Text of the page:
Anyway, why am I writing about this? Well I was feeling all worked up the other evening. My brain was a whirlwind of shoulds and oughts and concerns about the needs of others and whether or not I was meeting them. I couldn’t get a handle on anything or think straight, so I took some time out. I went upstairs, put on the radio, and just chilled out for a bit. After a while, I found my centre and my brain started to calm down. Half the things I’d been worrying about disappeared altogether and the other half didn’t seem nearly as bad.

So there you have it. Go take a break. Re-kindle your love for yourself. Go and be at one with your radio or favourite book. You won’t regret it, I promise.

Bye for now x

Surround yourself with inspiration

Have you ever felt utterly frustrated? Of course you have! You’re a human being after all. But have you ever looked around you and felt the frustration of knowing that not a single person in your life can truly and fully understand what you’re feeling? Maybe your mum understands your desire to do something creative, but can’t understand the risks you’re willing to take to live your life in a truly creative way. Perhaps your closest friends can see how much you’re hurting over something, but they don’t really understand the reasons why. Maybe your cat looks at you in an empathetic way as you sit crying into your branflakes, but you know you can’t actually have a proper conversation because of the whole language barrier thing. (Honestly, I think if my cat could talk I’d feel a lot better about a lot of stuff in my life, but probably also fed up of hearing her demand more food and fusses!).

The point is, that people can only ever understand aspects of ourselves. No one can ever jump into your skin, experience everything just as you have experienced it, and know exactly the right thing to say to make you feel understood and supported every step of the way. And if this was the case, there would be a lot less to learn in life, and a lot less personal growth to be experienced.

What we can do is ensure that we actively surround ourselves with what we know we need. Be it like-minded friends, inspirational books and films, the cat… We have a choice in life as to what we do and who we spend our time with. It doesn’t really feel like there is much choice involved in life a lot of the time, but trust me when I say that it’s in these moments that we most need to stand up and be counted. To make ourselves heard and ensure that we are making decisions which feel authentic and honest. If you’re not emotionally strong enough to ditch that toxic friendship you’ve been holding onto because you feel too guilty not to, do something which feels more within your grasp. Maybe suggest that you’d rather see a different film at the cinema, rather than just accepting what others choose for you. Give your opinion on a subject where you’d usually remain quiet. Paint your nails when you know the dishes need washing, and that painting your nails means you can’t do the dishes until the next day.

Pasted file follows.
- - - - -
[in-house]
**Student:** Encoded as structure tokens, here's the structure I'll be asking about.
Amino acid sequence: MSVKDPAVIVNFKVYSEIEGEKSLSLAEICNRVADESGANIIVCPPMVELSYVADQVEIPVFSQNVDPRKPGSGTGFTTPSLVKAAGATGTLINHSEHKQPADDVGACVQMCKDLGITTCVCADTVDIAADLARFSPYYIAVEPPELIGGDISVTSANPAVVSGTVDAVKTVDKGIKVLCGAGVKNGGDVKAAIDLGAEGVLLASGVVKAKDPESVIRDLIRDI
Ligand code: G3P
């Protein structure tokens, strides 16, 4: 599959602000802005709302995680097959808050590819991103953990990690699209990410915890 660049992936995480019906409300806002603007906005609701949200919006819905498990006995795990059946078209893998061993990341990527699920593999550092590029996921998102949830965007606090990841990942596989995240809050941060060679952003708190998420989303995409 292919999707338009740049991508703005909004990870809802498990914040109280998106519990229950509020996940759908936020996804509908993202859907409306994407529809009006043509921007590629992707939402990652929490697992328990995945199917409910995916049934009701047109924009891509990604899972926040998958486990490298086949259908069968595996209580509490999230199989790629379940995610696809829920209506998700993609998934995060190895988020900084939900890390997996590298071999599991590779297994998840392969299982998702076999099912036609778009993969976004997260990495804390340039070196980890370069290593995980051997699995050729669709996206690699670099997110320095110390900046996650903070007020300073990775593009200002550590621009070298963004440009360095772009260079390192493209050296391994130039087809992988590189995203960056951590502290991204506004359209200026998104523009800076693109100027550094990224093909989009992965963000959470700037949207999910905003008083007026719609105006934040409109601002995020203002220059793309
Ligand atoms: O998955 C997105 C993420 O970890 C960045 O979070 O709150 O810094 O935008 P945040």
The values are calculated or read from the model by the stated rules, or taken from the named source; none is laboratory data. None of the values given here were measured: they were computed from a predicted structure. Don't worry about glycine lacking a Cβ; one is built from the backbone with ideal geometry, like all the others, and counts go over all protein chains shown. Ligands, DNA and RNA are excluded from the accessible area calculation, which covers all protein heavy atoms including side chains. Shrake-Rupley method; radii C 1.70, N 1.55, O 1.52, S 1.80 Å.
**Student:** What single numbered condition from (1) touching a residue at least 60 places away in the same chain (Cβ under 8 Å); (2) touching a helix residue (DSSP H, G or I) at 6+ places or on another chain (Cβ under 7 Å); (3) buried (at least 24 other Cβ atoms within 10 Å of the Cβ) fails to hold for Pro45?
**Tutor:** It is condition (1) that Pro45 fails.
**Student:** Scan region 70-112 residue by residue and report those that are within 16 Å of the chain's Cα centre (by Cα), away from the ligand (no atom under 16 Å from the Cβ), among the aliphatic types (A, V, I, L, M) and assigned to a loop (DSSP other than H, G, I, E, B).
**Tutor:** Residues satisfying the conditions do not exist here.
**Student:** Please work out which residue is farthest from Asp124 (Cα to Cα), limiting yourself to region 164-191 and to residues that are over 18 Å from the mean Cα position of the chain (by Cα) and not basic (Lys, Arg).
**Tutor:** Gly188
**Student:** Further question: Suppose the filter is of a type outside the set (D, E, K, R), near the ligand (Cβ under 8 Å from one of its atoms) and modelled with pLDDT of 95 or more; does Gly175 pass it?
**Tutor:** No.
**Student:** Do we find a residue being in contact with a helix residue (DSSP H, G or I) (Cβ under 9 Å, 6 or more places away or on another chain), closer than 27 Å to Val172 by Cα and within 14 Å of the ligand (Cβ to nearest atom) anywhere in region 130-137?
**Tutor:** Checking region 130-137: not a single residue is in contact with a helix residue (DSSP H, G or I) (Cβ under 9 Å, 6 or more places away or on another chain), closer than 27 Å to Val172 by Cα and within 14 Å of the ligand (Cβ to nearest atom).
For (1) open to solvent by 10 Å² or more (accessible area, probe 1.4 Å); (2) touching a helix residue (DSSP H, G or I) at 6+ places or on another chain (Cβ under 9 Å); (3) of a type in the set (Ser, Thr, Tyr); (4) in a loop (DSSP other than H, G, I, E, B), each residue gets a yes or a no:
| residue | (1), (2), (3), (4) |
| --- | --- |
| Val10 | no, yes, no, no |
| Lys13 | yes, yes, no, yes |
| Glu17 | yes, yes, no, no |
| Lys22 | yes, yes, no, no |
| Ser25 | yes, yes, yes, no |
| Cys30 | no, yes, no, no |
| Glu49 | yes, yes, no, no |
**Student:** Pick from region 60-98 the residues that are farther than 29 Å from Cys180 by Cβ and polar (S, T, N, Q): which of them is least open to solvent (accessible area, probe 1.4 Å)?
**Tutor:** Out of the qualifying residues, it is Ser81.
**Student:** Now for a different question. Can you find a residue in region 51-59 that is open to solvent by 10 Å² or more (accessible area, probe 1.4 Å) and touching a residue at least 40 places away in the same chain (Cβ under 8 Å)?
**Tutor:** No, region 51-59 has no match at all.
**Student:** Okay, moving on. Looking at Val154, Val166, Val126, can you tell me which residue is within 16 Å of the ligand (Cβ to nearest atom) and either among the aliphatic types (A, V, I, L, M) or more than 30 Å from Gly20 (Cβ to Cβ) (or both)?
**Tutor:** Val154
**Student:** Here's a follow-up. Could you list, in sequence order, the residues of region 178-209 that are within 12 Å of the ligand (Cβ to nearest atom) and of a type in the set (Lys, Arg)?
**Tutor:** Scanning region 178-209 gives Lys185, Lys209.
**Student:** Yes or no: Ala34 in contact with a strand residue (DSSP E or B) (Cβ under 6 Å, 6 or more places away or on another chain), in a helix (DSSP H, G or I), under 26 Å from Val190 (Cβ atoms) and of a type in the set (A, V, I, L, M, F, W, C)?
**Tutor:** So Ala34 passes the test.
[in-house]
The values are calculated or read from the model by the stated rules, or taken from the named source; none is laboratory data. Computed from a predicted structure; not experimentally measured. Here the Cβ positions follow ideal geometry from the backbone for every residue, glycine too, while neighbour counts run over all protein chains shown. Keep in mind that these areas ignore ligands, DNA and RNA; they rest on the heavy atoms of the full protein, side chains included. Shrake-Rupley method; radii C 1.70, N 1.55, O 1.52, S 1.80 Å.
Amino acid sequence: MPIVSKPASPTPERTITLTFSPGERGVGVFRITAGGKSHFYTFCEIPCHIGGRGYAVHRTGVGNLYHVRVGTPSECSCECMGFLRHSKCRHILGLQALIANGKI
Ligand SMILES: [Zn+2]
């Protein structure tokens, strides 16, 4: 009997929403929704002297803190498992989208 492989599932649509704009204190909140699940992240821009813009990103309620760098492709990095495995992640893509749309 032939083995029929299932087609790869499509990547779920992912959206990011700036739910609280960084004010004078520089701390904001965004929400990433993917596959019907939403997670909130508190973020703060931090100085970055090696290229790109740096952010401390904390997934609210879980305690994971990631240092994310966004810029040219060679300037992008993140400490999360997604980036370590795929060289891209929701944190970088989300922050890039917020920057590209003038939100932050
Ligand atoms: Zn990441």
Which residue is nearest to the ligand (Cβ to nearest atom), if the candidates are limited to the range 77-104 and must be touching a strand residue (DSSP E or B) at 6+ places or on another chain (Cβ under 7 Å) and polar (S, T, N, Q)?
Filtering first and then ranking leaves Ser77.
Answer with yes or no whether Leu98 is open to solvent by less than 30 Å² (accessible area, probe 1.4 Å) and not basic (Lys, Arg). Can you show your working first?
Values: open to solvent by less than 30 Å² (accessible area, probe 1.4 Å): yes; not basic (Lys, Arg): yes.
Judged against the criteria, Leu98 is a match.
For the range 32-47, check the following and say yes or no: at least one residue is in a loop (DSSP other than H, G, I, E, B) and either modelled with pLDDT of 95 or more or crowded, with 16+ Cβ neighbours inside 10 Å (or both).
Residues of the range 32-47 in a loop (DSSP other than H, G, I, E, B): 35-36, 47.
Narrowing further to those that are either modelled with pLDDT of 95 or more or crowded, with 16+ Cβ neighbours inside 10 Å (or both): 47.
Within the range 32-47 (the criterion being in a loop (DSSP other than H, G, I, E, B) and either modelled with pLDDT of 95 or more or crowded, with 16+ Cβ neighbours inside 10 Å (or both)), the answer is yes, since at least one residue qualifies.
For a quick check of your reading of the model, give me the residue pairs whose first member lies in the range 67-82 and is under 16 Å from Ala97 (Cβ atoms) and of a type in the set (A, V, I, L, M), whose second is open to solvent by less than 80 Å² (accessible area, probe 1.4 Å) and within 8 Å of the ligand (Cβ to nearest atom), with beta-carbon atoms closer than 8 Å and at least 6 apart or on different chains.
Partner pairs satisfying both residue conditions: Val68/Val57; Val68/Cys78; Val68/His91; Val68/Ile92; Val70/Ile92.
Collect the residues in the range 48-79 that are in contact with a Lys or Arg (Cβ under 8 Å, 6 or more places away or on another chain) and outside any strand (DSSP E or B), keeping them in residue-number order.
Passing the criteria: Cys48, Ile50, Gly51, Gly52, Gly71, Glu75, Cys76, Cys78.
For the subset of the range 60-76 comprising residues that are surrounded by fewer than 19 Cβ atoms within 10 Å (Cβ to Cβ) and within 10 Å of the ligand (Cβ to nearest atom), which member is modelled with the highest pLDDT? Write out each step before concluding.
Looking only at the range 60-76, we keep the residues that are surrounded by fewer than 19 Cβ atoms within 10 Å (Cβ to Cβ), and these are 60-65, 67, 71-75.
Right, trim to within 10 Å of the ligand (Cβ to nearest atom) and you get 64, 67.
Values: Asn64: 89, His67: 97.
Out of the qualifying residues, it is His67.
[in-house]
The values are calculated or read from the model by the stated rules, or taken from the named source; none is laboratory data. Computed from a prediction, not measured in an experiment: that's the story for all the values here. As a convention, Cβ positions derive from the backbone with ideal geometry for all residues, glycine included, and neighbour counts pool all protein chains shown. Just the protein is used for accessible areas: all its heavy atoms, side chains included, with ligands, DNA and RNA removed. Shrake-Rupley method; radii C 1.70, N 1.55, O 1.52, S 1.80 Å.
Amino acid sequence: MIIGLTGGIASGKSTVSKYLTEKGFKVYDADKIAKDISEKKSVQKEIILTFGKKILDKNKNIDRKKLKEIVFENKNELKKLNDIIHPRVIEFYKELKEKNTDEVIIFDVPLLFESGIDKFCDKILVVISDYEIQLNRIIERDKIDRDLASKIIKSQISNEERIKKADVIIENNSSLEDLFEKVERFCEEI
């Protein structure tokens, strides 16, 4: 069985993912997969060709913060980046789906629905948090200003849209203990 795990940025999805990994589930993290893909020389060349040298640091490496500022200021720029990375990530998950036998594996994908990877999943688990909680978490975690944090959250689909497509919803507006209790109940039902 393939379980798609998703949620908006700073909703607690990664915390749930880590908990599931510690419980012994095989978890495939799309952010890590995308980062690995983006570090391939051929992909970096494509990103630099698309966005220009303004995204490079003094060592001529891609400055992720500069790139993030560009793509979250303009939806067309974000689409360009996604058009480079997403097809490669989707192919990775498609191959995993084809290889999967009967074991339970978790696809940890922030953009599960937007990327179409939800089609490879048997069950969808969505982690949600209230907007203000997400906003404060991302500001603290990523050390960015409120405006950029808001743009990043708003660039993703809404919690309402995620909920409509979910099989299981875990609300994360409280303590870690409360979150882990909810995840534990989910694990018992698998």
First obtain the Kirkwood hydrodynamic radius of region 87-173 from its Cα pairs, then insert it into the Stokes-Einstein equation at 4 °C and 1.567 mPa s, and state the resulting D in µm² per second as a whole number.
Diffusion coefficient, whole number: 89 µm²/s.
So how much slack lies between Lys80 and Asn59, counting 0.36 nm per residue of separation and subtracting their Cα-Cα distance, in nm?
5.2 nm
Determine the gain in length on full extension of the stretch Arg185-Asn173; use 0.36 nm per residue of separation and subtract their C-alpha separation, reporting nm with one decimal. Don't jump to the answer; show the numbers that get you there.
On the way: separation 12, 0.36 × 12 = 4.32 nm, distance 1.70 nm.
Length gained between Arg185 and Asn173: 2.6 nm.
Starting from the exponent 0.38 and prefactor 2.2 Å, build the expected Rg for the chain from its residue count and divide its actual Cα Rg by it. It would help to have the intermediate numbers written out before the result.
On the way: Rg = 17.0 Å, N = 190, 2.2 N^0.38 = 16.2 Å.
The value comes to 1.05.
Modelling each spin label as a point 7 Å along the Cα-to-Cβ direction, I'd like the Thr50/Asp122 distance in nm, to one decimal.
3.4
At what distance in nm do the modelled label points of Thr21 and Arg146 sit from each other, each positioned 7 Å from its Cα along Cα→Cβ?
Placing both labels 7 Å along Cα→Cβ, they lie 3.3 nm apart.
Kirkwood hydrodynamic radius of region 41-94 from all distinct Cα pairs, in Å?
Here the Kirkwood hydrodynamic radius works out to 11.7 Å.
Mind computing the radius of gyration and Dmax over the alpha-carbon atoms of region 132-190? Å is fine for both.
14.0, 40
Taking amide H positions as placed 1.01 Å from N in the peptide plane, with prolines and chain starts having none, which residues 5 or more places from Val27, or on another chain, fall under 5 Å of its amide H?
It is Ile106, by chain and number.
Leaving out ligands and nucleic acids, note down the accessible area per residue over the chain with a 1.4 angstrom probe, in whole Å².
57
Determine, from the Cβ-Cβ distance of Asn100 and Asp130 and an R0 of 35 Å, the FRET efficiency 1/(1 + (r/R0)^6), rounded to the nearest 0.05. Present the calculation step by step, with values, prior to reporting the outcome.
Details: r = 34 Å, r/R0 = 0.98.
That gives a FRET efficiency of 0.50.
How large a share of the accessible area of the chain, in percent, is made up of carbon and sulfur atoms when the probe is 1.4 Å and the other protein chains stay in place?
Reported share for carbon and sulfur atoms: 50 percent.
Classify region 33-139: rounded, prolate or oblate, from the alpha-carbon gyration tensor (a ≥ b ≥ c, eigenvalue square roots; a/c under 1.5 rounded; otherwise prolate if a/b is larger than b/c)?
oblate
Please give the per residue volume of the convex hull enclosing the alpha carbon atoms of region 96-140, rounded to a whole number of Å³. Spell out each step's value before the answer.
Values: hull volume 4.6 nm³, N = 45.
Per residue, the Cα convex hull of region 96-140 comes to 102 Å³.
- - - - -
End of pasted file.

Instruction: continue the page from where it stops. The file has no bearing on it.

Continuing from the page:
We have all had those days which seem to be going from bad to worse, but which suddenly take a positive turn when we bump into an old friend who inspires a rebellious or creative side of us which we have a tendency to forget about. Or perhaps you sit down to watch some television and end up watching an inspirational film which tells the story of someone who pushed past their fears and made something happen for themselves. I find films and books and online articles particularly inspiring because they take us outside of our usual day-to-day lives and remind us that there is so much more ‘out there’ to be explored and discovered. They provide us with that valuable perspective which can transform a day from mundane to joyous.

Inspiration is all around us, at every moment of the day, but if we’re so wound up with trying to please others and satisfy preconceived ideas about what our lives should look like, we won’t see the inspiration. We will only see messages which confirm what a let down we are, or how misunderstood we are by the people around us. Choose to live outside of the box, and seek inspiration and guidance throughout your day. Soon enough, you will be a source of inspiration and liberation to your close friends and family.

Bye for now x